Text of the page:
Impact of race and ethnicity on treatment and survival of women with vulvar cancer in the United States

Ana I. Tergas, Jill H. Tseng, Robert E. Bristow

Research output: Contribution to journalArticle

Abstract

Objective To examine racial/ethnic differences in treatment and survival in women diagnosed with invasive vulvar cancer in the United States. Methods Women with invasive vulvar cancer were identified from the Surveillance, Epidemiology, and End Results database from 1/1/92 to 12/31/02. Statistical analysis using Chi-square, Fisher's Exact Test, Kaplan-Meier survival methods, and Cox regression proportional hazards models was performed. Results Of the 2357 cases of invasive vulvar cancer included in this study, 1974 (83.8%) were non-Hispanic white, 209 (8.9%) were non-Hispanic black, 119 (5.0%) were Hispanic, and 55 (2.3%) women were of another race/ethnicity. After adjustment for stage, black women were half as likely (OR = 0.48, 95% CI 0.31-0. 74) to undergo surgery and 1.7 times more likely (OR = 1.67, 95% CI 1.18-2.36) to receive radiation than white women. In multivariable analysis, surgical treatment reduced the risk of death from vulvar cancer by 46% (HR 0.54, 95% CI 0.43-0.67), whereas radiation was not shown to impact the risk of death (HR 0.99, 95% CI 0.84-1.19), after adjusting for age, race, stage, and grade. There was no significant difference in risk of death by race/ethnicity group after adjusting for the previously described variables. Conclusions Based on this study, race/ethnicity is not an independent risk factor for poor prognosis in women diagnosed with invasive vulvar cancer, despite differences in treatment modality by race/ethnicity. Further research to define the factors contributing to differences in treatment selection according to race/ethnicity and the resulting impact on quality of life is warranted.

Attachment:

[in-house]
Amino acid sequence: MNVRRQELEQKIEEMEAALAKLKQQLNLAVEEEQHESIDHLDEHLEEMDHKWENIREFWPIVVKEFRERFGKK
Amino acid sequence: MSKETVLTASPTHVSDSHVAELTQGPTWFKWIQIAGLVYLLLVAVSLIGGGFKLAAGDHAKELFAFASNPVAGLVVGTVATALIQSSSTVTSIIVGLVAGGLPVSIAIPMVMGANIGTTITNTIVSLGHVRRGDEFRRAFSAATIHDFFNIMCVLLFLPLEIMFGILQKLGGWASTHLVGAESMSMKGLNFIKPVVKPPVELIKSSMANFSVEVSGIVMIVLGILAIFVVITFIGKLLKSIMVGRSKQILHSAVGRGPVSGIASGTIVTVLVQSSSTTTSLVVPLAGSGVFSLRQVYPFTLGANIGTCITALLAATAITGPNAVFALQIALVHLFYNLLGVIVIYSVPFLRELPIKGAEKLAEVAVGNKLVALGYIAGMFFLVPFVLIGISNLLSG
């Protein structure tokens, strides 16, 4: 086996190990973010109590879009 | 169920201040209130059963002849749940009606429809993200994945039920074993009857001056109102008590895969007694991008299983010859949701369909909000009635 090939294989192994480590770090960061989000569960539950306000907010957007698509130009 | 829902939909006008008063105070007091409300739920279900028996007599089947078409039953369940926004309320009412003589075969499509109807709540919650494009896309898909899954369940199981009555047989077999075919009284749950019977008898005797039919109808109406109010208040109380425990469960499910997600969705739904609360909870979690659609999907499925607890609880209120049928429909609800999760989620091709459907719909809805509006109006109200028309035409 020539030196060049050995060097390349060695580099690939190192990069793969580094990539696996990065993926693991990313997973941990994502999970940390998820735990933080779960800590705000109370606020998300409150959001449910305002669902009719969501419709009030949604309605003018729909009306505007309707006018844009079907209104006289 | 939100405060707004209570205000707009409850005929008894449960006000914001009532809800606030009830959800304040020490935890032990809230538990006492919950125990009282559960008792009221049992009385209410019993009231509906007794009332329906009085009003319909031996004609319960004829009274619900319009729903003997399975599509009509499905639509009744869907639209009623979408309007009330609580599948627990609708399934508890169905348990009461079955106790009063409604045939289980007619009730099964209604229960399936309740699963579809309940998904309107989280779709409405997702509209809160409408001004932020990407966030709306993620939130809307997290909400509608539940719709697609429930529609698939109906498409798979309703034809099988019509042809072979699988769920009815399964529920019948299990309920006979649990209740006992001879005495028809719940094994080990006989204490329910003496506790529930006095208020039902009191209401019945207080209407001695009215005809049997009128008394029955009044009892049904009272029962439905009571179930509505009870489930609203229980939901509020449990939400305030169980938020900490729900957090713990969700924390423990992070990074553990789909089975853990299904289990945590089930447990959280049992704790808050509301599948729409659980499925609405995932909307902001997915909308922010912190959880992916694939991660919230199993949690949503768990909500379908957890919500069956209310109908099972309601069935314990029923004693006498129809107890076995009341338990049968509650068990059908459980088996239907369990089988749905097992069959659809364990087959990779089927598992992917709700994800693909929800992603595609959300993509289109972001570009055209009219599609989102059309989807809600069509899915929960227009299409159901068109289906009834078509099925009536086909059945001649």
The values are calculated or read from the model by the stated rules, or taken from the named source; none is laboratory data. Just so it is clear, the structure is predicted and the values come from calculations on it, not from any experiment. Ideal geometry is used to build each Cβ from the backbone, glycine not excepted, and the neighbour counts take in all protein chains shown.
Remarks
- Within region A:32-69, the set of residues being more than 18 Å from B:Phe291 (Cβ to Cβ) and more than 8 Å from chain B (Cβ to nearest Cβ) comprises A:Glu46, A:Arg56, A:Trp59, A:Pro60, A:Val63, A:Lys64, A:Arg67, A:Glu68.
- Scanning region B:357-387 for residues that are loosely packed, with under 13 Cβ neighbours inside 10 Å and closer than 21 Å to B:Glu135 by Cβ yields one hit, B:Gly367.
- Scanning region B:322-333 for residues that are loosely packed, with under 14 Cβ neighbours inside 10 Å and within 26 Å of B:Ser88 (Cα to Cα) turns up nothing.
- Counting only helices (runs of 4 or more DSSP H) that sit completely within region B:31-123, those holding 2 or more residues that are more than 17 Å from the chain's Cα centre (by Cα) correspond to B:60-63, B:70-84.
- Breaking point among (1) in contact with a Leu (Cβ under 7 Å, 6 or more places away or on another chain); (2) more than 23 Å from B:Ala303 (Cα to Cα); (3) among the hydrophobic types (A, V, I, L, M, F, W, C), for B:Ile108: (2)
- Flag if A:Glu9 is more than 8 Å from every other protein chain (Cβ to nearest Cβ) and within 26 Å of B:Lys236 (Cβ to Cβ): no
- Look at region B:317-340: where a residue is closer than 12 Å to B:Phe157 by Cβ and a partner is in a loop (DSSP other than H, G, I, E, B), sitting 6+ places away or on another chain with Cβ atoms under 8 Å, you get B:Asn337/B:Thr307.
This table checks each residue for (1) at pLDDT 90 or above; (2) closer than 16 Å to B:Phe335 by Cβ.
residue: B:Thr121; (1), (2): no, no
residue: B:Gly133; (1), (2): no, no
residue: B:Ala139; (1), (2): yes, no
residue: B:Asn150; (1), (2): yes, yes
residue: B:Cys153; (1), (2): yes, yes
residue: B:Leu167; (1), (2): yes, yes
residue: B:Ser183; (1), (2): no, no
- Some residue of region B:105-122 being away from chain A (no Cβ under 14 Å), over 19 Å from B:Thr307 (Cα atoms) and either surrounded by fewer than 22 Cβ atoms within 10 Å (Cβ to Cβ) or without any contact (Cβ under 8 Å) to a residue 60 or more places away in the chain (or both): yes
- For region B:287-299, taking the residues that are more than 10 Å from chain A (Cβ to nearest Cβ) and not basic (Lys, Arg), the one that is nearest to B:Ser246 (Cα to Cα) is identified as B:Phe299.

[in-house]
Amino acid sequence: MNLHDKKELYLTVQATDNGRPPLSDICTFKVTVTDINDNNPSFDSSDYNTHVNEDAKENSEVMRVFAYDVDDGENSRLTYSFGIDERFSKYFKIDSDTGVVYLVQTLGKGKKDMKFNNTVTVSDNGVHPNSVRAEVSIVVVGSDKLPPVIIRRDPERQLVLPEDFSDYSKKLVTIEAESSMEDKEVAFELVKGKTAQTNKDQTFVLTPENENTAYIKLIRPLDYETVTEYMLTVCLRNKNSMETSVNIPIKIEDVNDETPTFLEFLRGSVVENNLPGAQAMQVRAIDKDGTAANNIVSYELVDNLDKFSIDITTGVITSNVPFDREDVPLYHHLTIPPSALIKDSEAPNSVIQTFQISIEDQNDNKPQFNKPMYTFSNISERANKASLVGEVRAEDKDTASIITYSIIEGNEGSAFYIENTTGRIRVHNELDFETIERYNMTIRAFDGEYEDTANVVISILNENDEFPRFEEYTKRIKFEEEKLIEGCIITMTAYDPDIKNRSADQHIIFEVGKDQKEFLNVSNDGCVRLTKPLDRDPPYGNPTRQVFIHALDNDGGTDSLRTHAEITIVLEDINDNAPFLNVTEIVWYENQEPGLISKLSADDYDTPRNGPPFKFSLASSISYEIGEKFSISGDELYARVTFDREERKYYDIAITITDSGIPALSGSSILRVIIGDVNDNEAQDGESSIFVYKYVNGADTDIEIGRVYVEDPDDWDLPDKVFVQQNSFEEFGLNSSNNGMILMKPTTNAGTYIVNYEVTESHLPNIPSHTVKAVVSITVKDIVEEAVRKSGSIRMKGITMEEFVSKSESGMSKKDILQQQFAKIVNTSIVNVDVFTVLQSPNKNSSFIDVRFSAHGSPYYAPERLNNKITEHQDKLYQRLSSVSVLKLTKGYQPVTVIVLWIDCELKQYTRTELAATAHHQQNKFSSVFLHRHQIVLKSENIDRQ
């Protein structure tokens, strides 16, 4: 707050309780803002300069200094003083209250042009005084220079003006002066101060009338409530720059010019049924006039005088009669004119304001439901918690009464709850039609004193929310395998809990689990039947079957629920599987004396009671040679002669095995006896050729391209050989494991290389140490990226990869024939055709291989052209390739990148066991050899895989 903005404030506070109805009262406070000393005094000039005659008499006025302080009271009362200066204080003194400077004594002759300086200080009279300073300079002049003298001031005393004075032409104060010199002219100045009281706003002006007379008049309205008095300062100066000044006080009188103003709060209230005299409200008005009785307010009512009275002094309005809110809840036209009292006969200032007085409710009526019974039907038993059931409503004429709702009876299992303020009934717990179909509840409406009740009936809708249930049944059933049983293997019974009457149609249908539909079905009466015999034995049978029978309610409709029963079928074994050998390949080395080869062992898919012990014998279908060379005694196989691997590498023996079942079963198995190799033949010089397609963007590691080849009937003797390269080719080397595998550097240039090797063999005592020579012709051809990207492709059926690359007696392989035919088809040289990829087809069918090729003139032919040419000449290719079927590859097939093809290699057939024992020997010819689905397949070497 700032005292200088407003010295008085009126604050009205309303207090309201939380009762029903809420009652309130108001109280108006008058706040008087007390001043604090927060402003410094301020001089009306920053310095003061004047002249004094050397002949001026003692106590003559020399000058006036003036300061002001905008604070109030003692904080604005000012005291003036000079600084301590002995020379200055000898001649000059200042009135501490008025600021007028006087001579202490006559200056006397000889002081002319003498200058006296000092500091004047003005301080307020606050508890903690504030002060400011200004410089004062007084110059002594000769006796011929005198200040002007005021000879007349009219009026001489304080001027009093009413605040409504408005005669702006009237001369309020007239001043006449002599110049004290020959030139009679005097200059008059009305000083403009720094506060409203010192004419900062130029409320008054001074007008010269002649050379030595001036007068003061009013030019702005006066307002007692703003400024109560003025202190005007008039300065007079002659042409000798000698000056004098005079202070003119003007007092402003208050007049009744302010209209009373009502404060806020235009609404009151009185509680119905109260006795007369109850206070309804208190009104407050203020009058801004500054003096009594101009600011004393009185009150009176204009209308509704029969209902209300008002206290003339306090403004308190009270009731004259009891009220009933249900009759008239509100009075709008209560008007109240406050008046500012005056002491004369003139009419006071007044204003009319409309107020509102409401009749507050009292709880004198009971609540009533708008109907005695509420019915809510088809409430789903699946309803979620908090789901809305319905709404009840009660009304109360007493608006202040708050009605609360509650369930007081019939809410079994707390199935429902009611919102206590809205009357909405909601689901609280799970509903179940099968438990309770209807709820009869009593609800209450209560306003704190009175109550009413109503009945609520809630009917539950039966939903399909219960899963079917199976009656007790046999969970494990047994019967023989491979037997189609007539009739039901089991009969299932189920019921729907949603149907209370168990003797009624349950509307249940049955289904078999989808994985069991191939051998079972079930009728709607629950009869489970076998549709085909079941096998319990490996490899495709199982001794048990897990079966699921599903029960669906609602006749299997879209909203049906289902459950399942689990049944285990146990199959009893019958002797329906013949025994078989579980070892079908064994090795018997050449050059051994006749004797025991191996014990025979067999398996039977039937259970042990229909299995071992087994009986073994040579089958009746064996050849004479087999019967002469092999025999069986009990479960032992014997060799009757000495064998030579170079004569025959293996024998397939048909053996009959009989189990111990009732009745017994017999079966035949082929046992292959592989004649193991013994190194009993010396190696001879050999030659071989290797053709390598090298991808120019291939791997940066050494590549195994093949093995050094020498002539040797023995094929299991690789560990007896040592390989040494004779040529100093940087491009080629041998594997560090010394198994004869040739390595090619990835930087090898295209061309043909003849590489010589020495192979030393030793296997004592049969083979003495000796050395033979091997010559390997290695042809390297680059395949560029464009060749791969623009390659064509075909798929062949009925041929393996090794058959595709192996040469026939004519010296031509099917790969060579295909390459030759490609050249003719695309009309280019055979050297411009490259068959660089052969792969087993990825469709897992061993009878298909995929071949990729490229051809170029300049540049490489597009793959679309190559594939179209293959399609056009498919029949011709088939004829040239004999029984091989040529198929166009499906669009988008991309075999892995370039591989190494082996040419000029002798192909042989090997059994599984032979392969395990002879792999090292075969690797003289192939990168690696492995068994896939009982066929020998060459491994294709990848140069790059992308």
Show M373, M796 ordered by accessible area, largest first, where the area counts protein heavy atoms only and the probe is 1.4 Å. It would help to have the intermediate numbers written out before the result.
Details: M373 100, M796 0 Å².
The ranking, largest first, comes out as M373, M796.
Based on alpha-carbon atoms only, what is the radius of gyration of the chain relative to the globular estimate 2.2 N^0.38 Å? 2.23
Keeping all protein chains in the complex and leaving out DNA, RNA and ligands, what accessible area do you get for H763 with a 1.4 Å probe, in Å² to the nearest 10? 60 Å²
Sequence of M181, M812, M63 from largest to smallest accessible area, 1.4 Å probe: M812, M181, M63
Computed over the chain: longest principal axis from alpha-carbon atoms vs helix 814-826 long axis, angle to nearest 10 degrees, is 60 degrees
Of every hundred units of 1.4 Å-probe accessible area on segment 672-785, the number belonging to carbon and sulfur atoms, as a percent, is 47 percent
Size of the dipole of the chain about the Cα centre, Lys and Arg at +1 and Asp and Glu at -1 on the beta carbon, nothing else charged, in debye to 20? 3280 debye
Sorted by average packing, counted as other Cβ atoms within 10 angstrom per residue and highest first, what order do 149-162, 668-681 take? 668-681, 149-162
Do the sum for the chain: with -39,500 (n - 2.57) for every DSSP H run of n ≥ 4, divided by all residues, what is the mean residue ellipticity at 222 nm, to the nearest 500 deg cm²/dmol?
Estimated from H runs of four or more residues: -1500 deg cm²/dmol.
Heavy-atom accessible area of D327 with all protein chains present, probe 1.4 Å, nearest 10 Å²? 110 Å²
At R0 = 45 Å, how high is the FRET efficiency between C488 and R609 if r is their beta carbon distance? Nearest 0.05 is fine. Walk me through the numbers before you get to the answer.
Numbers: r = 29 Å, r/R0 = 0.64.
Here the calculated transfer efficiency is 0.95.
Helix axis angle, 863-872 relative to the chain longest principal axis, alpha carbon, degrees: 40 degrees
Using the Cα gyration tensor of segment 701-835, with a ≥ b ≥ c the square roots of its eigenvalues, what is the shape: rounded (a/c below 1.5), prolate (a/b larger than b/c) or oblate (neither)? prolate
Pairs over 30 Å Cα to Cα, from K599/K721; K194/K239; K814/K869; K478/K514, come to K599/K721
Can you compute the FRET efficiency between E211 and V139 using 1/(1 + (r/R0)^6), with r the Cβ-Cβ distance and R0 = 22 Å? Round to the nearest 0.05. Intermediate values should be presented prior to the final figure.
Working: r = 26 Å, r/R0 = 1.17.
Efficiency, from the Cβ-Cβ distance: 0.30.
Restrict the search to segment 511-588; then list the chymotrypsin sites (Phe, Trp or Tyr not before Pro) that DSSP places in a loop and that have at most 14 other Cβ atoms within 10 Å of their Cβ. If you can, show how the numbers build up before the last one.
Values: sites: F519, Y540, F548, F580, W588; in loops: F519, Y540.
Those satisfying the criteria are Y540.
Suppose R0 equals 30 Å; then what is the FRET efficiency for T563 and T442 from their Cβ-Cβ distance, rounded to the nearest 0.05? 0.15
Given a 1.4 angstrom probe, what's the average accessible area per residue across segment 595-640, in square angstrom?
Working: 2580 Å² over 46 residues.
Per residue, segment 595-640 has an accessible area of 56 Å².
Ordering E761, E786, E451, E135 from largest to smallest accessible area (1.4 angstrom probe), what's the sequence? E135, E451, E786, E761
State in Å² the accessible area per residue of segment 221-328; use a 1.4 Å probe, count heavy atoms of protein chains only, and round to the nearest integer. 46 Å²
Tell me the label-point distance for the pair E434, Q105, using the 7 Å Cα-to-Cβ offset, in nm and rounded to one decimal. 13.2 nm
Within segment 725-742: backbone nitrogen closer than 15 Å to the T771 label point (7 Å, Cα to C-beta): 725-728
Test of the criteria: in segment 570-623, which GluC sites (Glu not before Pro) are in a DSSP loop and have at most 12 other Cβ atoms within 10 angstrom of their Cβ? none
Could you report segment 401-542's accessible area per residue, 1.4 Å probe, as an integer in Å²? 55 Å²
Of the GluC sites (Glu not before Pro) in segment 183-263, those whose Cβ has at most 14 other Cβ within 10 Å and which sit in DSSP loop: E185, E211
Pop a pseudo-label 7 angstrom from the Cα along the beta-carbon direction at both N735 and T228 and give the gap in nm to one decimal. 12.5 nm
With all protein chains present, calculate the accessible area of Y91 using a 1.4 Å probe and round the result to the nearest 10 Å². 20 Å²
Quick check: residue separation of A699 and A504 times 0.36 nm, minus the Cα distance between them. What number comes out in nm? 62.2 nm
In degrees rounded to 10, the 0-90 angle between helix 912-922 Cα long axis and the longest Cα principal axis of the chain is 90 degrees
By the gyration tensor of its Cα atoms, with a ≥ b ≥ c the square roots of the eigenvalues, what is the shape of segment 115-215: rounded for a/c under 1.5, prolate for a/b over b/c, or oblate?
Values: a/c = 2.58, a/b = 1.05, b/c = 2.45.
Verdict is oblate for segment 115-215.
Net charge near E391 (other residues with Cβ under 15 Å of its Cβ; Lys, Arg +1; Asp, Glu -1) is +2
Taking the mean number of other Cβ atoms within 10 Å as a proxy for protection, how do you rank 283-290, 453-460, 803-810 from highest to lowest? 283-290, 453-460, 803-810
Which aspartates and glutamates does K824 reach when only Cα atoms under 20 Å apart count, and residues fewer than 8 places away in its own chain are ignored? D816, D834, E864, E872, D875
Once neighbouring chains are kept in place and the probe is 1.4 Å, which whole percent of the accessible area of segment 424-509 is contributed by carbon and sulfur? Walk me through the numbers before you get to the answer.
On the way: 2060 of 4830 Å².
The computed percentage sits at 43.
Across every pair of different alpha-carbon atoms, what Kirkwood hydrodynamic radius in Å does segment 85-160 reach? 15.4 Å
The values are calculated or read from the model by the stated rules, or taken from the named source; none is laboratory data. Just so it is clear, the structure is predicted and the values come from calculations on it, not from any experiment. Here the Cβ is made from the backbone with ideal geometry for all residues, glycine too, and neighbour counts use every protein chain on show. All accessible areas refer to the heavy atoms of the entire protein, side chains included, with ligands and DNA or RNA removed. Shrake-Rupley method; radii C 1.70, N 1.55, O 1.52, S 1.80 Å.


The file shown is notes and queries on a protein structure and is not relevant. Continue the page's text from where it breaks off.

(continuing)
Original languageEnglish (US)
Pages (from-to)154-158
Number of pages5
JournalGynecologic Oncology
Volume129
Issue number1
DOIs
StatePublished - Apr 2013
Externally publishedYes

Fingerprint

Vulvar Neoplasms
Survival
Therapeutics
Radiation
Kaplan-Meier Estimate
Hispanic Americans
Proportional Hazards Models
Epidemiology
Quality of Life
Databases
Research

Keywords

  • Healthcare disparities
  • Racial disparities
  • SEER database
  • Survival analysis
  • Vulvar cancer

ASJC Scopus subject areas

  • Obstetrics and Gynecology
  • Oncology

Cite this

Impact of race and ethnicity on treatment and survival of women with vulvar cancer in the United States. / Tergas, Ana I.; Tseng, Jill H.; Bristow, Robert E.

In: Gynecologic Oncology, Vol. 129, No. 1, 04.2013, p. 154-158.

Research output: Contribution to journalArticle

Tergas, Ana I. ; Tseng, Jill H. ; Bristow, Robert E. / Impact of race and ethnicity on treatment and survival of women with vulvar cancer in the United States. In: Gynecologic Oncology. 2013 ; Vol. 129, No. 1. pp. 154-158.